Disgrace, disservice if Shelterbelt of 84 trees is destroyed on Newark Bay walkway | Opinion

All previous assessments, including those by city officials, certified arborists and non-profit environmental partners, suggested a cost-effective opportunity for root maintenance and simple walkway repairs that would allow for tree growth and avoidance of tripping hazards.
After 10 years, 1,000-plus petition signatures, a written Letter Mandate from past Planning Director Bob Cotter and past DPW/Parks & Forestry Directors Mark Redfield and Rodney Hadley, a letter of support from the Jersey City Environmental Commission, as well as a recent verbal agreement from Director Pat Stamato and Councilwoman Denise Ridley, and even finger wagging from Mayor Fulop citing the new JC Tree Ordinance, a private agreement was apparently made between city officials and the Droyers Point Walkway Association (association board for Society Hill & Droyers Point) to cut down ALL of the 84 mature Shelterbelt of Trees on the public access walkway around Society Hill.
(Letter Links: https://friendsofthewalkway.shutterfly.com/walkwayinformation.) The Shelterbelt of 84 mature London Plane Trees -- which protected Society Hill properties during Hurricane Sandy, provides estuary wildlife habitat, and provides enormous ecosystem services to Jersey City -- will now be destroyed, under the guise of "needed repairs" to the walkway.
  All previous assessments, including those by city officials, certified arborists and non-profit environmental partners, suggested a cost-effective opportunity for root maintenance and simple walkway repairs that would allow for tree growth and avoidance of tripping hazards.
The simpler, less costly, tree-saving approach that was sought by Society Hill and other Jersey City residents was rebuked by the DPWA, who refused to meet with residents to review all assessments and distill alternative solutions.
City officials benefit as they will no longer be held liable for abdicating their responsibilities to intervene and do the required tree and public access walkway maintenance as dictated by the Society Hill Deed.
Why did this happen when the city determined that only 15 of the 84 trees needed to be removed? Why did this become an all-or-nothing battle, facilitated by the City of Jersey City, who decided in favor of destroying all 84 mature trees? The city's decision process was unfortunately not made transparent to residents.  There are, however, lessons learned about 1) public access right-of-way properties; 2) non-transparent residential development boards; 3) civic participation, 4) Jersey City Trees Ordinance loophole; and 5) city officials.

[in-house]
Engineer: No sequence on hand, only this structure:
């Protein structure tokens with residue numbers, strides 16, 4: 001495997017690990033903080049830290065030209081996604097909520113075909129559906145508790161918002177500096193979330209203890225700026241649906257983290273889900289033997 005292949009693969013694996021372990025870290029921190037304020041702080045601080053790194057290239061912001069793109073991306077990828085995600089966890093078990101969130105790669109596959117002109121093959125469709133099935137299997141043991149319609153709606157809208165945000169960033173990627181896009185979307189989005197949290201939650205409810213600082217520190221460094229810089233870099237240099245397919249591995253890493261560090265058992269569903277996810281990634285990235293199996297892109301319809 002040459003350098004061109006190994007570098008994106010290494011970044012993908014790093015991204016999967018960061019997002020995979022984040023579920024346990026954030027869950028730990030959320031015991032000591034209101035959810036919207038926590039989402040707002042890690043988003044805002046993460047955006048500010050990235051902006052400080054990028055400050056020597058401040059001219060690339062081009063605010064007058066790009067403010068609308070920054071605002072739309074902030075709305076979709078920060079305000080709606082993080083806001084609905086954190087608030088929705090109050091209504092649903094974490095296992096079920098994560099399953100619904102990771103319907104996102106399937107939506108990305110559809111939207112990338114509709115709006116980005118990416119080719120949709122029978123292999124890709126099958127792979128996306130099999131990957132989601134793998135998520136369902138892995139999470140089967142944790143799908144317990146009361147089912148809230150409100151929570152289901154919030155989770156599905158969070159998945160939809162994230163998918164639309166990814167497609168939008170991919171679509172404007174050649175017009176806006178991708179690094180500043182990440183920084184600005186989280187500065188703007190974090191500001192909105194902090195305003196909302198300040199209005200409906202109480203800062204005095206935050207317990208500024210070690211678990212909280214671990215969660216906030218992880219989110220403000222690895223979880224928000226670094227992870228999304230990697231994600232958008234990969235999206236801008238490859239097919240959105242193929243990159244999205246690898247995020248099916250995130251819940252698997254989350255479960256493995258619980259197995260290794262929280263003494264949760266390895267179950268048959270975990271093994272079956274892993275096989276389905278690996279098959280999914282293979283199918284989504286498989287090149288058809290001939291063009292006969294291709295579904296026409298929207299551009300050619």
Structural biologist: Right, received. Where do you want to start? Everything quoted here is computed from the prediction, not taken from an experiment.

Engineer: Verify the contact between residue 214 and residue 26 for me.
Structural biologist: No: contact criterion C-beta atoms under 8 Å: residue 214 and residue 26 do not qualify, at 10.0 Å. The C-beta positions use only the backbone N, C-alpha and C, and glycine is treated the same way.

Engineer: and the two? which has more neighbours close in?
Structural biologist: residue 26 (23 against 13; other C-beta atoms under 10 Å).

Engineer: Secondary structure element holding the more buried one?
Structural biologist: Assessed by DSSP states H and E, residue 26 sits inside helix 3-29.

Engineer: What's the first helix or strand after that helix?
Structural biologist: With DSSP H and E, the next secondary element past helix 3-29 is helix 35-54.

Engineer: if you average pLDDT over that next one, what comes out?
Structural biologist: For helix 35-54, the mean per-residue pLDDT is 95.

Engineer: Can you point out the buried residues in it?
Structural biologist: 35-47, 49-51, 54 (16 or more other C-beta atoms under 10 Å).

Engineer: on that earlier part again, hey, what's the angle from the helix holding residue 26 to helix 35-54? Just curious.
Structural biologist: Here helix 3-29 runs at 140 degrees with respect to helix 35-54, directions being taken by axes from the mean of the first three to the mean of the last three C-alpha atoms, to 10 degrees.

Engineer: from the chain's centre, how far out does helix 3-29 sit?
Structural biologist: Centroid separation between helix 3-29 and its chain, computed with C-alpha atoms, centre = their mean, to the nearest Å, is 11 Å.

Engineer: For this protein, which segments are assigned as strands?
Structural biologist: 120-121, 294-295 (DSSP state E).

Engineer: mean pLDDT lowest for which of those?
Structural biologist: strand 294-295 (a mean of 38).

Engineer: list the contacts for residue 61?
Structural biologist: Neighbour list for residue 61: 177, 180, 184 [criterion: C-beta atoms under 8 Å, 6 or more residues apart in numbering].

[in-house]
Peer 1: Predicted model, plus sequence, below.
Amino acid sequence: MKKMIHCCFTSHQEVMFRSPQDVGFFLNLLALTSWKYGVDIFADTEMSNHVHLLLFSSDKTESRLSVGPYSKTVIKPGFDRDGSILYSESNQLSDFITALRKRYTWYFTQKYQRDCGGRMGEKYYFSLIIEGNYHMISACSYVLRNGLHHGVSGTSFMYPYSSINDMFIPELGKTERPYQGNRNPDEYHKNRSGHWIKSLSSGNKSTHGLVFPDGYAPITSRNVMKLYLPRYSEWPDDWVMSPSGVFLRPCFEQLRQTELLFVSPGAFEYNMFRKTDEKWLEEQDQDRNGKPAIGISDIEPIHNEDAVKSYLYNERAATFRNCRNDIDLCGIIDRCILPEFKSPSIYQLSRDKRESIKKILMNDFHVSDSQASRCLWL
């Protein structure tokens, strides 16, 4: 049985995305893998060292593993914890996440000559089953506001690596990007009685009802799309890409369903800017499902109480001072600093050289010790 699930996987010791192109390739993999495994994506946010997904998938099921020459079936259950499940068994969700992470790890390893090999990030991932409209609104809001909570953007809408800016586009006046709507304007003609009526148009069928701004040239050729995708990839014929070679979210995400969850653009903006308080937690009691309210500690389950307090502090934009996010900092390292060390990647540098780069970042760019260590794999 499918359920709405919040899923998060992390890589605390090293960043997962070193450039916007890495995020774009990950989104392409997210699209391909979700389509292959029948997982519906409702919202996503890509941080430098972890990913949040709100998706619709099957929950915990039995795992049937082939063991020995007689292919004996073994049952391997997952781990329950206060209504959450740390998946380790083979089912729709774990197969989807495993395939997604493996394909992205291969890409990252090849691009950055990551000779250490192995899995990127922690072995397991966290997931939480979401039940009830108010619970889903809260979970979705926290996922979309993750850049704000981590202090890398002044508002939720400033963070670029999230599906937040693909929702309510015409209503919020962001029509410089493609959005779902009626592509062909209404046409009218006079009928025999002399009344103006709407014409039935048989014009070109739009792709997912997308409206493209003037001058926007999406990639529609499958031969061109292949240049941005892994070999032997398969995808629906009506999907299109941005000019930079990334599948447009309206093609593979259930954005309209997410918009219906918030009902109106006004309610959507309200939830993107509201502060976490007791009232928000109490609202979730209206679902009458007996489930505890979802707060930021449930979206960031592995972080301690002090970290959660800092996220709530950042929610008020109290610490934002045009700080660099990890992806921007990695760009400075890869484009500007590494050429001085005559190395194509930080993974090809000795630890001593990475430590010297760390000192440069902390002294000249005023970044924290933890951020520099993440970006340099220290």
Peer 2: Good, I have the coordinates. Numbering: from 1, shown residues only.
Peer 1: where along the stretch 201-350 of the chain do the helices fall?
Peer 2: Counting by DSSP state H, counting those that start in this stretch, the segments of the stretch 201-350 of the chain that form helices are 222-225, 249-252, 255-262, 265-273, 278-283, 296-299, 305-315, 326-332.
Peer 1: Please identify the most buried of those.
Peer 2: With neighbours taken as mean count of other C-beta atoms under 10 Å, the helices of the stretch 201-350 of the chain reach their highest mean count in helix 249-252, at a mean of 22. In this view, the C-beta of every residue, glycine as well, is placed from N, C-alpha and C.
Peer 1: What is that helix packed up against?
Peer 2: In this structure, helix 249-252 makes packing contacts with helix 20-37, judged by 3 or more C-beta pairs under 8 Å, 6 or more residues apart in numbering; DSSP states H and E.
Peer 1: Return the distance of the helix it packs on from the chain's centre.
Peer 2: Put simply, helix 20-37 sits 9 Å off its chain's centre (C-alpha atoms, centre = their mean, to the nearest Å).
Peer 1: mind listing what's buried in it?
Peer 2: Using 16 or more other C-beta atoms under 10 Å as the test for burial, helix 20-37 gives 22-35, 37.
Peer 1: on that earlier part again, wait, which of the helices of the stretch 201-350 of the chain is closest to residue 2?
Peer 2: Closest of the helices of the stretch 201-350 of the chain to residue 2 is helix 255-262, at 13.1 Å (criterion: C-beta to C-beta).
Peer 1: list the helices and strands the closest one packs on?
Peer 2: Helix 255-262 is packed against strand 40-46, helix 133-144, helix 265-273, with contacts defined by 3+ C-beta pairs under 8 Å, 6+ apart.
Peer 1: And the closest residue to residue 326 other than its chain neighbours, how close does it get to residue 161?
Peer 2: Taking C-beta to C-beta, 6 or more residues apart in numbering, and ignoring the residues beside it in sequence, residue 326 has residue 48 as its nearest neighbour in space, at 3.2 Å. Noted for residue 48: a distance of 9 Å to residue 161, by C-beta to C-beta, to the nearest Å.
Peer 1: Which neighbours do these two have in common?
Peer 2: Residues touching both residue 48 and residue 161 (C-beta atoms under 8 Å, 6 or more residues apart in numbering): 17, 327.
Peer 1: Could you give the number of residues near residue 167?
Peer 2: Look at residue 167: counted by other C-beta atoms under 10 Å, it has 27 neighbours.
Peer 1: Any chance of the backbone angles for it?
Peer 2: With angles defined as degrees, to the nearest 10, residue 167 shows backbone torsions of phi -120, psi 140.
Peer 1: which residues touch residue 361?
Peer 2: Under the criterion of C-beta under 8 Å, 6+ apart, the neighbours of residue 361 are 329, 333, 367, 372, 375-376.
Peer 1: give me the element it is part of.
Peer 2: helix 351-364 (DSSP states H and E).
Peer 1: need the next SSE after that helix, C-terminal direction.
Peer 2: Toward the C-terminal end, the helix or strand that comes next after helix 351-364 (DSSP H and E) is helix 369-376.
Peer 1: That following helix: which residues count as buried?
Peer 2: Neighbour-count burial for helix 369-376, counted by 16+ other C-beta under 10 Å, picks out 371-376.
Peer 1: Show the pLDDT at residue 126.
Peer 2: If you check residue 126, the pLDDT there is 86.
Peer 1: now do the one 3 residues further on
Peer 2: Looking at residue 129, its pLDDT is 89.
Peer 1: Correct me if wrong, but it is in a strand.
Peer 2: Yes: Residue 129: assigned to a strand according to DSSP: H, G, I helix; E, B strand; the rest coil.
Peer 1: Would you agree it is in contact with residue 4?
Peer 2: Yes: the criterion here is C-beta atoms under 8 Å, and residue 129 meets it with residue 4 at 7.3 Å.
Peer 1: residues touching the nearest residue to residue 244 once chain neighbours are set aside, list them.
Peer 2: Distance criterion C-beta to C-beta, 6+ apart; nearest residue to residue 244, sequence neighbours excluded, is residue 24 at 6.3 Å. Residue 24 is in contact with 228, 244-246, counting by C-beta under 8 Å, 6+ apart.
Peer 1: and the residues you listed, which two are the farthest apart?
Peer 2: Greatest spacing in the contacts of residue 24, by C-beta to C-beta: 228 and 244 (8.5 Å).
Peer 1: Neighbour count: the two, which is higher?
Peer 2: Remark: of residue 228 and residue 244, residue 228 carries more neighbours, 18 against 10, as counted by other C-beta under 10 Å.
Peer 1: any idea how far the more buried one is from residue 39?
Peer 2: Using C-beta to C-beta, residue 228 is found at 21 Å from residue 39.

Our lessons learned can be found on the Friends of the Walkway website at https://friendsofthewalkway.shutterfly.com/  or at the petition site "SAVE The 84 Mature Shelterbelt of Trees"  https://www.thepetitionsite.com/takeaction/107/811/656/   The Friends of the Walkway would like to thank all the Jersey City residents and agencies who joined together for environmental advocacy over the last 10 years to keep the walkway and the Shelterbelt canopy of 84 trees a beautiful and ecologically functioning community asset.  Special thanks to the NJ Tree Foundation and Sustainable Jersey City for their assistance and guidance with tree assessments and help to generate community awareness about the ecosystem importance of these mature trees (i.e., hurricane wind buffer, storm water management, cooling from shade, and habitat for all the bird life along this Newark Bay estuary).
The Friends stood and believed in something and tried to protect against decisions that would sacrifice these beautiful and important trees, and for 10 years our environmental protection efforts prevailed.
  The Friends will continue with future advocacy and civic participation that supports similar efforts by other organizations in our community because we still believe in, and will continue to promote, our environment! Denise Bailey & Vern Carlson, Co-Founders, Friends of the Walkway, Jersey City

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